14 August 2012


While the debate about "Obamacare" rages, with the doomsayers claiming national fiscal ruin, and the proponents touting the GAO's projected savings, I will throw a couple of personal pennies into the fray.
Recently, in Germany, i had a small infection on my thumb, which i ignored till the pain prevented me from retrieving coins from the pocket. A friend made an appointment with a doctor she knew, elaborating that i was in a hurry, and could i run in the next day and be seen promptly. Contrary to my usual tiresome tardiness, i was more or less on time, and, with a minimum of paperwork, was shown in to a treatment room. Shortly thereafter, the doctor entered, listened to my explanation, prescribed treatment, and walked me out to the desk to sign out.

Time to pay at the doctor is always stressful. Must I give them my firstborn?
They inquired about my insurance, and i embarrassedly told them that I was an American artist, and we lived without those luxuries, praying for health, and dreading the fiscal consequence of illness. They expressed the usual disbelief of the civilized for the unwashed, and asked about the new health care law, to which I replied that the battle was still under way. I assured them I would pay, and, based on my experience with the US healthcare system, expected that I would have to cash in my plane ticket home to cover it. In the most apologetic way they handed me a bill for 38 euros, about $45. In the USA, this would have cost at least $200, and i would never have waltzed in the next day, be seen promptly, and on my way.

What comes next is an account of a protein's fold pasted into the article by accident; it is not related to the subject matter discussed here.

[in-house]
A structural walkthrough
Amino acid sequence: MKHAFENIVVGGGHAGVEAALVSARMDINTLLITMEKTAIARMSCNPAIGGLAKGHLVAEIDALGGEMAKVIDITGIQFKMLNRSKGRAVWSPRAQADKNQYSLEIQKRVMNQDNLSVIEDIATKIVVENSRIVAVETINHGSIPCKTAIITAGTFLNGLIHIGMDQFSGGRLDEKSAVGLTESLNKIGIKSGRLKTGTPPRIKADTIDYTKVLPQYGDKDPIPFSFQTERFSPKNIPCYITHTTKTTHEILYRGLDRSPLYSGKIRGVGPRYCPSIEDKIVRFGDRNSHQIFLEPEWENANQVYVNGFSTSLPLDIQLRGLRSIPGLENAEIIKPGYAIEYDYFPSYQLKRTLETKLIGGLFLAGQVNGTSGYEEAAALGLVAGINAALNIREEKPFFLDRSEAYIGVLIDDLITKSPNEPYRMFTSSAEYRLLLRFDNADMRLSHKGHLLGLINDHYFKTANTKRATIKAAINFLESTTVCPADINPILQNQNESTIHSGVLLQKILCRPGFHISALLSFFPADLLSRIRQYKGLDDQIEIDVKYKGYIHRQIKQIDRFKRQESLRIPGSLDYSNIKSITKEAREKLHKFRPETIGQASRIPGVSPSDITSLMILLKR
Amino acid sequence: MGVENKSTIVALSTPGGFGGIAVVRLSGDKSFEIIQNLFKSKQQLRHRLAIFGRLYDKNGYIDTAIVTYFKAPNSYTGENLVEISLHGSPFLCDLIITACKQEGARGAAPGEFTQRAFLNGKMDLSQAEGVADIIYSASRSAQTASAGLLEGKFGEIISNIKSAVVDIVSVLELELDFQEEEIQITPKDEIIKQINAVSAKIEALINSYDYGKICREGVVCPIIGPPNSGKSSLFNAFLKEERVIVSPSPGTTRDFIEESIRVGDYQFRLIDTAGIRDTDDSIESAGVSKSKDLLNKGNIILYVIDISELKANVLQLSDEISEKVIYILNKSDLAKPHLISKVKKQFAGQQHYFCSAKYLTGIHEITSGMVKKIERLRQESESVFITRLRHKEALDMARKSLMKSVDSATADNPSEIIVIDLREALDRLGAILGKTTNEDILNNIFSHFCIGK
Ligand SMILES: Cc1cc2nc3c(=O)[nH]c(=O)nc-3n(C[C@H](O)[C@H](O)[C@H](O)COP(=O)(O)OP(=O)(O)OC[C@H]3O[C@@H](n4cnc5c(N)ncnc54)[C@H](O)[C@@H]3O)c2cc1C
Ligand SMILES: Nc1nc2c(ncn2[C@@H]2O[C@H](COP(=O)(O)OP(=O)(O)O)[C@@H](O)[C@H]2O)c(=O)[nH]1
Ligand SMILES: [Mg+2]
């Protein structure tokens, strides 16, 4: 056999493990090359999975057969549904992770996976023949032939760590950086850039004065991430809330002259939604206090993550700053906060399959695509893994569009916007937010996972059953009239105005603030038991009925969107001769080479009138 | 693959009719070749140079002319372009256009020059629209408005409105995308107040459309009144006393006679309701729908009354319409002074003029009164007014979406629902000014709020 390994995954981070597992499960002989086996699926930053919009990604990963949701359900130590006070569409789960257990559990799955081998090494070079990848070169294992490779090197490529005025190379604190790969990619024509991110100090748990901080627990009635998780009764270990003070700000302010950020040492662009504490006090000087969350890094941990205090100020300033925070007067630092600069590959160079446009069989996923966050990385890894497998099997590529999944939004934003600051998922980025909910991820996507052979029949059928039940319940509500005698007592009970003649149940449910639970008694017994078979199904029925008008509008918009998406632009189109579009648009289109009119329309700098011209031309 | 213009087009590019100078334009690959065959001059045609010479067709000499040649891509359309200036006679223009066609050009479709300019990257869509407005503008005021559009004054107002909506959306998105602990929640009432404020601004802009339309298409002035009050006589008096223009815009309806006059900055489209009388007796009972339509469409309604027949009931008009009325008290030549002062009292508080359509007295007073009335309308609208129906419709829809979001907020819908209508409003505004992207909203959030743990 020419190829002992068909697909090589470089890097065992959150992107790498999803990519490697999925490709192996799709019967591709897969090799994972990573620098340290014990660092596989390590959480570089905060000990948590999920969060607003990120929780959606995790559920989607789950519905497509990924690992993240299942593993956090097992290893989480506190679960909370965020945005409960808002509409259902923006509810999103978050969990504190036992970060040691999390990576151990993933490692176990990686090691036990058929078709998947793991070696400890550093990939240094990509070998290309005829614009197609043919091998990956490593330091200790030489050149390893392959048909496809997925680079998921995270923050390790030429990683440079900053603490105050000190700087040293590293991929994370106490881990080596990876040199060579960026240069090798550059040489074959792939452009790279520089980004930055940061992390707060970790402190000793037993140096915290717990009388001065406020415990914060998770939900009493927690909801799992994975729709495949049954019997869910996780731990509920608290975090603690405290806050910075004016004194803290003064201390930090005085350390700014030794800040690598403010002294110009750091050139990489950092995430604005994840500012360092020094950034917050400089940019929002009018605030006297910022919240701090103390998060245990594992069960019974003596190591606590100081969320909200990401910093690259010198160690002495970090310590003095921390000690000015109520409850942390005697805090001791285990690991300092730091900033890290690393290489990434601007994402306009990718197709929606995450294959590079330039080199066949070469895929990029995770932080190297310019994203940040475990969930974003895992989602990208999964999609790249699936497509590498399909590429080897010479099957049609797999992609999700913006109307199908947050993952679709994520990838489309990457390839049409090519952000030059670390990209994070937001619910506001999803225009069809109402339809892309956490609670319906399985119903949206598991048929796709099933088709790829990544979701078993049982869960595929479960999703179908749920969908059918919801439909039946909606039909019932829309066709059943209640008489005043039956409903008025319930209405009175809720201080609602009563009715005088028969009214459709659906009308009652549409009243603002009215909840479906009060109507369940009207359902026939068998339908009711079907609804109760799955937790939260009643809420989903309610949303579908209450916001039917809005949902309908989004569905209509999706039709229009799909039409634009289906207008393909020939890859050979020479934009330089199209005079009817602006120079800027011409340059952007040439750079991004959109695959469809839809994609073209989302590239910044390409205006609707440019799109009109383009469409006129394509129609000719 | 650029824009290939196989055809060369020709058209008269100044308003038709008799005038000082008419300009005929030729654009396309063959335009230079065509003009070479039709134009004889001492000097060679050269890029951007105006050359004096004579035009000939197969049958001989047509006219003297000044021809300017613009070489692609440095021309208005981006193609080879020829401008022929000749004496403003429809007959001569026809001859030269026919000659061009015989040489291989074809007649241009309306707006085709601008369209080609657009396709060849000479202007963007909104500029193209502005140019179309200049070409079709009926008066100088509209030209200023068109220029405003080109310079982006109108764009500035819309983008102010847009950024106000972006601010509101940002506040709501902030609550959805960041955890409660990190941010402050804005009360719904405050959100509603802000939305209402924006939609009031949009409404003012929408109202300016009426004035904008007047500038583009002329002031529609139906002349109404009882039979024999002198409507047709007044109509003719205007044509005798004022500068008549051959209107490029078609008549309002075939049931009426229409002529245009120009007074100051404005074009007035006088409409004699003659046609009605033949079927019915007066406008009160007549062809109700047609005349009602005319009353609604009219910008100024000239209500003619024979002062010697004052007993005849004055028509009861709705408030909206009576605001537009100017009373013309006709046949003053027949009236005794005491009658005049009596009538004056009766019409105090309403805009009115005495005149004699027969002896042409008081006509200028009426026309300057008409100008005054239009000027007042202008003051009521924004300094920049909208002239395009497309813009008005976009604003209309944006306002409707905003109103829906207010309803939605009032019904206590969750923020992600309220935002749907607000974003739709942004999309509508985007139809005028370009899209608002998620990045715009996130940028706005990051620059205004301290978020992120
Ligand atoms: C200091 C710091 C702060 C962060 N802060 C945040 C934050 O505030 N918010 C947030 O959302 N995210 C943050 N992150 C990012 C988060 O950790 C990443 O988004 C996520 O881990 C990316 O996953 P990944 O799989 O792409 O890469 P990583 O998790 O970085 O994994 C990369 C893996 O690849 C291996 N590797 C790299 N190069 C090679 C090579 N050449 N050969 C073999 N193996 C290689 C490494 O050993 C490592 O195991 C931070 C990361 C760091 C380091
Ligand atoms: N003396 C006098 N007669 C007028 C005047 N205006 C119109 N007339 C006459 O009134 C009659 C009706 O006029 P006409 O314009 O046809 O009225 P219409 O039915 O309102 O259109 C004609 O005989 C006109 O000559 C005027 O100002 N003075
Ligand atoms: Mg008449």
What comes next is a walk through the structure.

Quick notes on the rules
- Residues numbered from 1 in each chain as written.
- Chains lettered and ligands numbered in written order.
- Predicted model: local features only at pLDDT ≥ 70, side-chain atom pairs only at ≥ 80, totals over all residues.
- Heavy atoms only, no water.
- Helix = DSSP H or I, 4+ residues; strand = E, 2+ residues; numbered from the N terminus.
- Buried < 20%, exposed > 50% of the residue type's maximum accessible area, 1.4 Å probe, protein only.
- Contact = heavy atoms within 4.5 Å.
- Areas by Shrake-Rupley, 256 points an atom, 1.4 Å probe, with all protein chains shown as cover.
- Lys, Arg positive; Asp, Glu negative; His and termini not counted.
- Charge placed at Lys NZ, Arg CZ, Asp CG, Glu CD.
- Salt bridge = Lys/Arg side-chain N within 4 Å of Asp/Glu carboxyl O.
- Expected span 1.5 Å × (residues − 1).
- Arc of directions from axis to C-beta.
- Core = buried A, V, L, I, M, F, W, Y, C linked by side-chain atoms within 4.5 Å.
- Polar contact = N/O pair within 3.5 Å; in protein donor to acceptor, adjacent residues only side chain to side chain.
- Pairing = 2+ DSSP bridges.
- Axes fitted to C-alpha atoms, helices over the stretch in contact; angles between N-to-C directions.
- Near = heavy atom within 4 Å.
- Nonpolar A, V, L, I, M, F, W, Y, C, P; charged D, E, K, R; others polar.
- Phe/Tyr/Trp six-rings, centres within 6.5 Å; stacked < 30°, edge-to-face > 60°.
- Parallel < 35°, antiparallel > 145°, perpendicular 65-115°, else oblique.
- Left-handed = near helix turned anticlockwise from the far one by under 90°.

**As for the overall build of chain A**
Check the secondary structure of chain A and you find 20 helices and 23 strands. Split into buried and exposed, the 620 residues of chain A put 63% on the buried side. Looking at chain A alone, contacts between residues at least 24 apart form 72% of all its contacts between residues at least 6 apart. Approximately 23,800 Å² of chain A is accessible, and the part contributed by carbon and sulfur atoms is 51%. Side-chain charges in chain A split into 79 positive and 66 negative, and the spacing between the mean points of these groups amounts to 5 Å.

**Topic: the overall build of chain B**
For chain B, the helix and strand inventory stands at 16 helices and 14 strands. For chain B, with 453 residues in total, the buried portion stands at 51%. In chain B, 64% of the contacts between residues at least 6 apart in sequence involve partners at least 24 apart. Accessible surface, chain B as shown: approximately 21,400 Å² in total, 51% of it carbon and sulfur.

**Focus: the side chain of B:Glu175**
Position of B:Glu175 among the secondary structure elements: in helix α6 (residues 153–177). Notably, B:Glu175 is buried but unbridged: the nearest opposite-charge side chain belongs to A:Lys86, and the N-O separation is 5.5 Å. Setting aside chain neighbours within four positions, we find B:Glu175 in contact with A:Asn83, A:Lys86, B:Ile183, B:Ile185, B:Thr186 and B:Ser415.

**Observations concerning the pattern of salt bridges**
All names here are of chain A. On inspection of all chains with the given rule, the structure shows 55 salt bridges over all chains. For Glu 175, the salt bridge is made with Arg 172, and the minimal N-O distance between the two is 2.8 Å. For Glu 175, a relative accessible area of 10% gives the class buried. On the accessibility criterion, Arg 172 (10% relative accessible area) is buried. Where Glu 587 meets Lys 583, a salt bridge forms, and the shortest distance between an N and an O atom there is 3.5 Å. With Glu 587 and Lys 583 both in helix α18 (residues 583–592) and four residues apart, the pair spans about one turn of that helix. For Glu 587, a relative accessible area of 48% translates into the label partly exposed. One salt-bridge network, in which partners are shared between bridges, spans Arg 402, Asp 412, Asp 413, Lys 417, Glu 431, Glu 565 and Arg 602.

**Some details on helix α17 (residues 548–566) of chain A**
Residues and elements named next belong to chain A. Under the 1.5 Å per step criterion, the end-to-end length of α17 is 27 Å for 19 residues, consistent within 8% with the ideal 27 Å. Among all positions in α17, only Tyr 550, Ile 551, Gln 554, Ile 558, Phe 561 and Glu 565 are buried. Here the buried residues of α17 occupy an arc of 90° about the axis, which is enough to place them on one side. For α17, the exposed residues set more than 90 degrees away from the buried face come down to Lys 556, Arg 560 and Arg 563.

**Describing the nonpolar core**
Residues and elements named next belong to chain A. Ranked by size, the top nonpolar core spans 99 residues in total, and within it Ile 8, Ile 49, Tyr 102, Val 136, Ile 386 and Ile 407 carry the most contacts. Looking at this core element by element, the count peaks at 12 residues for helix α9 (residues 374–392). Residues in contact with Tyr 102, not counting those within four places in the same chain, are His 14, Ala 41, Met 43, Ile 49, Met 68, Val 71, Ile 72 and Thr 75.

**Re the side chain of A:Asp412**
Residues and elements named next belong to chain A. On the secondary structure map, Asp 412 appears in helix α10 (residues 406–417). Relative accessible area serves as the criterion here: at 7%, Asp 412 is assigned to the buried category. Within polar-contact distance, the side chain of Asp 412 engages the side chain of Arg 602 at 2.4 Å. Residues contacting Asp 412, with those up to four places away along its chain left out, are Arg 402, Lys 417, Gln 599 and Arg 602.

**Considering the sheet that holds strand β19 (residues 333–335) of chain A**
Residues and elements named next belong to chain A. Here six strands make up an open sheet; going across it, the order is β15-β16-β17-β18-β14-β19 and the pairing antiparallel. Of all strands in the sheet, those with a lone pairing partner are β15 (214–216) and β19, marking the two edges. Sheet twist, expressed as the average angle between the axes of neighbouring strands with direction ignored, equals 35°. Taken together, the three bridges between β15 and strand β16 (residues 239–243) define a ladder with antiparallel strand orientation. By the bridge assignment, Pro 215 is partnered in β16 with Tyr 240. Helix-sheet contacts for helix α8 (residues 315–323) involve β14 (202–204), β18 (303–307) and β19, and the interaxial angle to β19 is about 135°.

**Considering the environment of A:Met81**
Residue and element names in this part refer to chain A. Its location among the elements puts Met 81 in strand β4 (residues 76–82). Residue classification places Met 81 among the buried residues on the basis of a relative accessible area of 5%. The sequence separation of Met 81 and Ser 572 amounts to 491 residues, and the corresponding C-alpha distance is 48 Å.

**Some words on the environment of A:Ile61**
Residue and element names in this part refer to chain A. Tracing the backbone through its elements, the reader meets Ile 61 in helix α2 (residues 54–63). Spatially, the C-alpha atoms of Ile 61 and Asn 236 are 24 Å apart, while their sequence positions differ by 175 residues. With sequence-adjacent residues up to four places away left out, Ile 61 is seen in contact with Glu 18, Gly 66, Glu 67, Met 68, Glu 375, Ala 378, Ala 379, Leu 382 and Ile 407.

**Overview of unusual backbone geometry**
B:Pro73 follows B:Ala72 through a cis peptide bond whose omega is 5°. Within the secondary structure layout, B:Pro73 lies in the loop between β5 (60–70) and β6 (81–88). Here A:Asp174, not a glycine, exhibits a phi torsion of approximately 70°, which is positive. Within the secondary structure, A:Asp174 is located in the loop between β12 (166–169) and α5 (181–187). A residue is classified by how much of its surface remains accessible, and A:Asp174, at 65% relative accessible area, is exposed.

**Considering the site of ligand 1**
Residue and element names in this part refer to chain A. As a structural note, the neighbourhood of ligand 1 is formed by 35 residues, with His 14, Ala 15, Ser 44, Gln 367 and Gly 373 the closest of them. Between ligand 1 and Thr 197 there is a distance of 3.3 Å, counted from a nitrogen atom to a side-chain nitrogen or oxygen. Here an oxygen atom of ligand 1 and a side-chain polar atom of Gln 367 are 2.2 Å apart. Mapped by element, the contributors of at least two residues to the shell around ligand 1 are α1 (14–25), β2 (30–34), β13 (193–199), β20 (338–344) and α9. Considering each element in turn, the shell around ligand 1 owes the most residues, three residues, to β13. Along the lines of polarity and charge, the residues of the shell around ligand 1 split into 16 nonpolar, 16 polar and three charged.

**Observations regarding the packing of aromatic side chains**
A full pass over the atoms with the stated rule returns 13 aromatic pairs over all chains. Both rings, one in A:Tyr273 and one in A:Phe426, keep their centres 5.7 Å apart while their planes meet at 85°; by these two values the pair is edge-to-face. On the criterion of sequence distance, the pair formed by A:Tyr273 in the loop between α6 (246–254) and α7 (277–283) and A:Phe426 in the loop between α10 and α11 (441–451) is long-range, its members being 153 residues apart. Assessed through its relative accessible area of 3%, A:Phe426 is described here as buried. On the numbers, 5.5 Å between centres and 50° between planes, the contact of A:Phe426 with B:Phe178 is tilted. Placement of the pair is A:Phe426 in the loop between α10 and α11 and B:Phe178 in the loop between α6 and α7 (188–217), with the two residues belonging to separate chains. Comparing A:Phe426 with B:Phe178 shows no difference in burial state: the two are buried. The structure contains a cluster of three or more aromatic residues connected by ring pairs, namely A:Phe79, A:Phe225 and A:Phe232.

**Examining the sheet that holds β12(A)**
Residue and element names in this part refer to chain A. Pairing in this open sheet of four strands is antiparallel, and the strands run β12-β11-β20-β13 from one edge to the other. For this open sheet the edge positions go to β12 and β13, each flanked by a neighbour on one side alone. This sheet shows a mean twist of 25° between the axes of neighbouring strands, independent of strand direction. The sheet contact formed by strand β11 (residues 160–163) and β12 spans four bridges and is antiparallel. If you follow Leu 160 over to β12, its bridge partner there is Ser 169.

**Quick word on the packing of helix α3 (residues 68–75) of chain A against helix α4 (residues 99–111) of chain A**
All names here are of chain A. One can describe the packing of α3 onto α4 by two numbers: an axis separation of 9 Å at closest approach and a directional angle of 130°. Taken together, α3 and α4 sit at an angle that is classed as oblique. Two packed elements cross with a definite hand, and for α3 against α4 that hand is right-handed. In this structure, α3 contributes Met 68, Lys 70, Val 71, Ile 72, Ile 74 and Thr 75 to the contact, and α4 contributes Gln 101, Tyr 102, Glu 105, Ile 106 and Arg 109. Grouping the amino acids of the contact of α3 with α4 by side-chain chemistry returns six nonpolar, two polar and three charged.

So when someone tells you that it doesn't work in countries with universal health care, look at this map of the countries that provide it and note that Amerika is the one "developed" nation that does not. And i can personally attest that Germans live as well or better than us, so don't start with the "it will bankrupt us" line.

Please. Healthcare. Now.